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The Remainder and Factor Theorems Check for Understanding 2.3 – Factor polynomials using a variety of methods including the factor theorem, synthetic division, long division, sums and differences of cubes, and grouping.

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The Remainder Theorem If a polynomial f(x) is divided by (x – a), the remainder is the constant f(a), and f(x) = q(x) ∙ (x – a) + f(a) where q(x) is a polynomial with degree one less than the degree of f(x). Dividend equals quotient times divisor plus remainder.

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The Remainder Theorem Find f(3) for the following polynomial function. f(x) = 5x 2 – 4x + 3 f(3) = 5(3) 2 – 4(3) + 3 f(3) = 5 ∙ 9 – 12 + 3 f(3) = 45 – 12 + 3 f(3) = 36

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The Remainder Theorem Now divide the same polynomial by (x – 3). 5x 2 – 4x + 3 3 5 –4 3 53611 33 15

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The Remainder Theorem 5x 2 – 4x + 3 3 5 –4 3 15 33 5 11 36 f(x) = 5x 2 – 4x + 3 f(3) = 5(3) 2 – 4(3) + 3 f(3) = 5 ∙ 9 – 12 + 3 f(3) = 45 – 12 + 3 f(3) = 36 Notice that the value obtained when evaluating the function at f(3) and the value of the remainder when dividing the polynomial by x – 3 are the same. Dividend equals quotient times divisor plus remainder. 5x 2 – 4x + 3 = (5x 2 + 11x) ∙ (x – 3) + 36

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The Remainder Theorem Use synthetic substitution to find g(4) for the following function. f(x) = 5x 4 – 13x 3 – 14x 2 – 47x + 1 4 5 –13 –14 –47 1 20 28 56 36 5 7 14 9 37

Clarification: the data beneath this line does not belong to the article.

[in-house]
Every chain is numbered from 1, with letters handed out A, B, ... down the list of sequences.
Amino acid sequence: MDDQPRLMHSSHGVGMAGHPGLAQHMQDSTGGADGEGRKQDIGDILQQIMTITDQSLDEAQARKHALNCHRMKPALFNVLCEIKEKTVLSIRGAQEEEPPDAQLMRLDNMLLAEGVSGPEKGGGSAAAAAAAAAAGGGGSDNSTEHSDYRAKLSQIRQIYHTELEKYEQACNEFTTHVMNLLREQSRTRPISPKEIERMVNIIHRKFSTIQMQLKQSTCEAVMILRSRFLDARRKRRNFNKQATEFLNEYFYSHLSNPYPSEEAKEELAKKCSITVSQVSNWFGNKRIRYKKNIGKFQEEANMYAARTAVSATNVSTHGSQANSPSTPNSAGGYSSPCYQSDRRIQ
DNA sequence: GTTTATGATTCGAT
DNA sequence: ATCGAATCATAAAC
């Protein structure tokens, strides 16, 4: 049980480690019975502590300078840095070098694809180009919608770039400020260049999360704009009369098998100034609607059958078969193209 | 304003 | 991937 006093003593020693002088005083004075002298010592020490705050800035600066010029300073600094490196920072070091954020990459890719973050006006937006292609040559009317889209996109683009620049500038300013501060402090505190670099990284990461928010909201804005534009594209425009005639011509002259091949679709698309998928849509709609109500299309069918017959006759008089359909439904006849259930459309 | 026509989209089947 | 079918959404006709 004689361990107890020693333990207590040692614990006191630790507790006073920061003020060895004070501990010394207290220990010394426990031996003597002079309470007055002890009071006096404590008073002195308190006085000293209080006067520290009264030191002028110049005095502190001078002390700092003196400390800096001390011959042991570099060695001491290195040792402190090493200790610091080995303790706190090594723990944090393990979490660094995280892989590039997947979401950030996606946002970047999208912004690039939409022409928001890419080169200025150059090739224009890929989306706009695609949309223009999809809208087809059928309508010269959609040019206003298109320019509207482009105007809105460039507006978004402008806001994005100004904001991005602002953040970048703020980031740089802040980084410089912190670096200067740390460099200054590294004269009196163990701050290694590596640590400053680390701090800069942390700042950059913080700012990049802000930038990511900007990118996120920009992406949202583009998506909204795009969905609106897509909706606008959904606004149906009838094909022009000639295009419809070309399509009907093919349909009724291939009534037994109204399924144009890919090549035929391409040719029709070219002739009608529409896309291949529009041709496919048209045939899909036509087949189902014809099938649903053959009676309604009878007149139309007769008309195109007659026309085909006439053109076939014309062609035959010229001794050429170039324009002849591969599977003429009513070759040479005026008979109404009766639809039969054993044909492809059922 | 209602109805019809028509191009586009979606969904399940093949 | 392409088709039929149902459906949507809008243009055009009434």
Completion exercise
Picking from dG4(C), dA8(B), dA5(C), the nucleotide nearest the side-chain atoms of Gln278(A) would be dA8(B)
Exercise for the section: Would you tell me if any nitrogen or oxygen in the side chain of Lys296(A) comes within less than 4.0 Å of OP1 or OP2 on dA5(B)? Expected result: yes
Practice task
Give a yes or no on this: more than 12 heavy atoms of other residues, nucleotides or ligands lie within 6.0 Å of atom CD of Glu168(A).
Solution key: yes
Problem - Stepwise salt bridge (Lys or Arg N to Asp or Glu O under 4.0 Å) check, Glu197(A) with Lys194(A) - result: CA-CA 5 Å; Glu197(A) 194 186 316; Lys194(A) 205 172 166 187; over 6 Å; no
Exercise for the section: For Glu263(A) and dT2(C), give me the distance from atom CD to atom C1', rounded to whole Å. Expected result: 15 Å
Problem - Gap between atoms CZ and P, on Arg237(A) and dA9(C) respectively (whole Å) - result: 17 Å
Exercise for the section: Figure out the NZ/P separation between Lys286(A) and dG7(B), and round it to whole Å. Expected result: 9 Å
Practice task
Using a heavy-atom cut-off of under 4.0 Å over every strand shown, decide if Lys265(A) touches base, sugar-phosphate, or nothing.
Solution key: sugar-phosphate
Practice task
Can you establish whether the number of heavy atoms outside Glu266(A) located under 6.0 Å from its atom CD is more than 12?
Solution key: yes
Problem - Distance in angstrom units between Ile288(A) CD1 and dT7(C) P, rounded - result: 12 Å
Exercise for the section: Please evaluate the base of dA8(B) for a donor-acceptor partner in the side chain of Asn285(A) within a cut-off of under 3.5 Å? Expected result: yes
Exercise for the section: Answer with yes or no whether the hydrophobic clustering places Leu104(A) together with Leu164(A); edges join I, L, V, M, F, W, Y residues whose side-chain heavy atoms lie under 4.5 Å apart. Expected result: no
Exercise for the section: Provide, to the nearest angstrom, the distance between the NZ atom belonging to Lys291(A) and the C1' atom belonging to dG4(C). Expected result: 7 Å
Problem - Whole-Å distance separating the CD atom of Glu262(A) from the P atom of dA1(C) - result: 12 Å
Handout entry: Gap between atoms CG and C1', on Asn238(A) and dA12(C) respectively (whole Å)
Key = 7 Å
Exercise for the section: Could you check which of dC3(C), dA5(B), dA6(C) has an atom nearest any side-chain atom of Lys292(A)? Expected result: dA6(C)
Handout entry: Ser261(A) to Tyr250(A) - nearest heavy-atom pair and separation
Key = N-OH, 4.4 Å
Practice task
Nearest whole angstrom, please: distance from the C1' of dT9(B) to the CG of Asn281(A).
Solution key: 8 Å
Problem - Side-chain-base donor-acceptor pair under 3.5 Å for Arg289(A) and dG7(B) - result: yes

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The Remainder Theorem Synthetic Substitution – using synthetic division to evaluate a function This is especially helpful for polynomials with degree greater than 2.

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The Remainder Theorem Use synthetic substitution to find g(–2) for the following function. f(x) = 5x 4 – 13x 3 – 14x 2 – 47x + 1 –2 5 –13 –14 –47 1 –10 46 –64 222 5 –23 32 –111 223

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The Remainder Theorem Use synthetic substitution to find c(4) for the following function. c(x) = 2x 4 – 4x 3 – 7x 2 – 13x – 10 4 2 –4 –7 –13 –10 8 16 36 92 2 4 9 23 82

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Time for Class work Time for Class work Evaluate each function at the given value.

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The Factor Theorem The binomial (x – a) is a factor of the polynomial f(x) if and only if f(a) = 0.

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The Factor Theorem When a polynomial is divided by one of its binomial factors, the quotient is called a depressed polynomial. If the remainder (last number in a depressed polynomial) is zero, that means f(#) = 0. This also means that the divisor resulting in a remainder of zero is a factor of the polynomial.